In this study population of women living in Western New York, we previously found that recent use of aspirin but not ibuprofen was inversely associated with breast cancer risk (29
). We found here that, for aspirin, this association did not differ by molecular subtype. For ibuprofen, recent use was associated with an increased risk of breast cancer defined as ER+/PR+, HER2−, p53− or luminal A/B, and a decreased risk of HER2 expressing tumors. With few exceptions, we observed no statistically significant exposure-response gradients for increasing frequency or intensity of aspirin or ibuprofen use in association with any molecular subtype. Similar to our findings with recent aspirin use, aspirin use during a woman’s adult lifetime was associated with similar reductions in risks for most tumor subtypes.
Because COX-2 expression has been associated in vitro
with estrogen synthesis (7
), we hypothesized that NSAID use would be inversely associated with risk of hormone receptor positive tumors. Authors of several case-control (18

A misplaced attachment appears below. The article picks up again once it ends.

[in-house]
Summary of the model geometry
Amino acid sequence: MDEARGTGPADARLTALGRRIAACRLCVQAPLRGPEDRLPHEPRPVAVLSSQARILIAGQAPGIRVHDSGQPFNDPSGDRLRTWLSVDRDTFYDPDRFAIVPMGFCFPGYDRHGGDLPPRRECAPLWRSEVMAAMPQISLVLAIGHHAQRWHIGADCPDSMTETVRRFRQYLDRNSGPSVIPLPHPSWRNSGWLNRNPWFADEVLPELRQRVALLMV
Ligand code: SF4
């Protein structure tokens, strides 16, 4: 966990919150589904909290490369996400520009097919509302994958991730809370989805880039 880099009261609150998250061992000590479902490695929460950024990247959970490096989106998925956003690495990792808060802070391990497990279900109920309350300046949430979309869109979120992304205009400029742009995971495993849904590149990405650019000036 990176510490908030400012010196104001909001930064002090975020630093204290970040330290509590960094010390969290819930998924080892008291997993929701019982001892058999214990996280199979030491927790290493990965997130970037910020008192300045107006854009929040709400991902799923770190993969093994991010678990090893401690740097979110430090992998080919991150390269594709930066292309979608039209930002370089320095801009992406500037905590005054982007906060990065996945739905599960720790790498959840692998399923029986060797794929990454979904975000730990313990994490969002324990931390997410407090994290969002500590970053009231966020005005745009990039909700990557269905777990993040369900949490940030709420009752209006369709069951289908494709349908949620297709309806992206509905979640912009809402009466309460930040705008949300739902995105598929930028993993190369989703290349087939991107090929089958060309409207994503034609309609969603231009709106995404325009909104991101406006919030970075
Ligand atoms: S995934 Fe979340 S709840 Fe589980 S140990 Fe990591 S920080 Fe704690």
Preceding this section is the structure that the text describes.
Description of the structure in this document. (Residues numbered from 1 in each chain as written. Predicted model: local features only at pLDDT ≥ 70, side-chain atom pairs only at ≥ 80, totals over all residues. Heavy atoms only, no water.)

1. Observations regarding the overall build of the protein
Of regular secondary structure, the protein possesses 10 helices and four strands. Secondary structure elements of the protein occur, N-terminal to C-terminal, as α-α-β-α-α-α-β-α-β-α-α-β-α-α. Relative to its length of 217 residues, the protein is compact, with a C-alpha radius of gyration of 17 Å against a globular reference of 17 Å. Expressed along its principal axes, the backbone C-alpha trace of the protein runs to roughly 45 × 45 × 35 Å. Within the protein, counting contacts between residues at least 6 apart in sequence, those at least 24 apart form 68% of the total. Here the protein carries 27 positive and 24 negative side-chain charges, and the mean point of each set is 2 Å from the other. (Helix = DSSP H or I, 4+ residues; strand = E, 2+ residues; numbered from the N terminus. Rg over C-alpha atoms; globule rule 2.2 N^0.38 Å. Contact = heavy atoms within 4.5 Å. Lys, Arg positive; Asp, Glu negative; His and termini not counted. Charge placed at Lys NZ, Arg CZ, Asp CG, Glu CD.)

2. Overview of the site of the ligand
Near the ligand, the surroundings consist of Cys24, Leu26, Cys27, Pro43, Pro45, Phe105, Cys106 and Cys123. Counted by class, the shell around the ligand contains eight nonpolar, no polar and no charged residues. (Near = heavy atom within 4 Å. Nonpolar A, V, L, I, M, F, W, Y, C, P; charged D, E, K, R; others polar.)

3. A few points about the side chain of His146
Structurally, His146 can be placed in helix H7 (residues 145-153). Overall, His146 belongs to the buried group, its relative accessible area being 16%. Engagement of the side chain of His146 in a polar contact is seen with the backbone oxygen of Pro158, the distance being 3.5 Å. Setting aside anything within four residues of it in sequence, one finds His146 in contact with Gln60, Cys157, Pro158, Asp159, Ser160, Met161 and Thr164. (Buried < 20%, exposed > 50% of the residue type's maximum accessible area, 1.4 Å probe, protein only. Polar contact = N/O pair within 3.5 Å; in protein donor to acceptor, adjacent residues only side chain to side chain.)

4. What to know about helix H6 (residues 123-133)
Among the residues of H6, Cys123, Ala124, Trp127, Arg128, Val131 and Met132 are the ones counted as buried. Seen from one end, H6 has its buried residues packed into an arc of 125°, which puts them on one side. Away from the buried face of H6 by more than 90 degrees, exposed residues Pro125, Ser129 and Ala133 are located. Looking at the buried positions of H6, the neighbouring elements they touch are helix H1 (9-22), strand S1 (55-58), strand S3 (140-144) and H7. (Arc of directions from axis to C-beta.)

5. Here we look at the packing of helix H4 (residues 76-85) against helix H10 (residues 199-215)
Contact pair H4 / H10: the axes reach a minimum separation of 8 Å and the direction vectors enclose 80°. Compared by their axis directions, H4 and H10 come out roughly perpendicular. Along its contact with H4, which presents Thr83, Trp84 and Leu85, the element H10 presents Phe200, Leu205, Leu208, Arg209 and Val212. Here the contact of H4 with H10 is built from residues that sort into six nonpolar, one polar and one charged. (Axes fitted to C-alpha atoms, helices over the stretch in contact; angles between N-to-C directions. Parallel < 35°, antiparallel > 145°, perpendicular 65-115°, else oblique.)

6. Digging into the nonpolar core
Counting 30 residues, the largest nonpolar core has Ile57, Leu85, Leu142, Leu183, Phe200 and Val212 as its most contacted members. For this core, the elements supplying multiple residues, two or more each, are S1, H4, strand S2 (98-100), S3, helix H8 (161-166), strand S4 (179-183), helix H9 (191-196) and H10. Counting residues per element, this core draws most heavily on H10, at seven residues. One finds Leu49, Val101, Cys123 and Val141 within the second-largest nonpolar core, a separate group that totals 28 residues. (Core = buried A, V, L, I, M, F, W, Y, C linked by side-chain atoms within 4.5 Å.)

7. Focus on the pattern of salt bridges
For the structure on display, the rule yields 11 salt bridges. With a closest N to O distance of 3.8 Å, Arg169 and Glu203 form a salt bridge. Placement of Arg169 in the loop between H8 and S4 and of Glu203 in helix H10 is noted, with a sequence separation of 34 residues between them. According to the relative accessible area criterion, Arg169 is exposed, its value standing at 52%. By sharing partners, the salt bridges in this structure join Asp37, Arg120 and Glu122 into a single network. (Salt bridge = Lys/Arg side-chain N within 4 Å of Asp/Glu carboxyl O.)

) and cohort studies (17
), and one randomized controlled trial (26
), have examined the association of NSAID use and breast cancer stratified by hormone receptor status; however findings have been inconsistent (17
). Because previous studies have reported associations using different combinations of ER/PR expression status (e.g., ER+/PR+ and ER−/PR−), or ER and PR status separately, comparisons between our findings and others are challenging. Comparisons are further limited in that not all studies report associations for individual NSAIDs, assuming equal effects of this broad class of medications. In this study, aspirin use was associated with reduced risks of breast characterized by joint ER/PR status. Several others have reported similar findings (18
). In a recent analysis of the Iowa Women’s Health Study, Bardia et al. (27
), reported that ever aspirin use was associated with similar reductions in risk for ER+ (RR 0.77, 95% CI: 0.67–0.89), ER− (RR 0.78, 95% CI: 0.56–1.08), PR+ (RR 0.79, 95% CI: 0.68–0.92), and PR− (RR 0.73, 95% CI: 0.56–0.95) tumors; similar reductions in risk were observed when ER and PR were combined. In contrast, others have observed reduced risks of hormone receptor positive (i.e., ER+, ≥1 positive hormone receptor, or ER+/PR+) breast cancer only (21
), increased risks of hormone receptor negative breast cancers (19
), or no association (17
). In a randomized controlled trial of low-dose (100mg) aspirin taken every other day for 10 years compared to a placebo, there was no association with breast cancer risk overall (26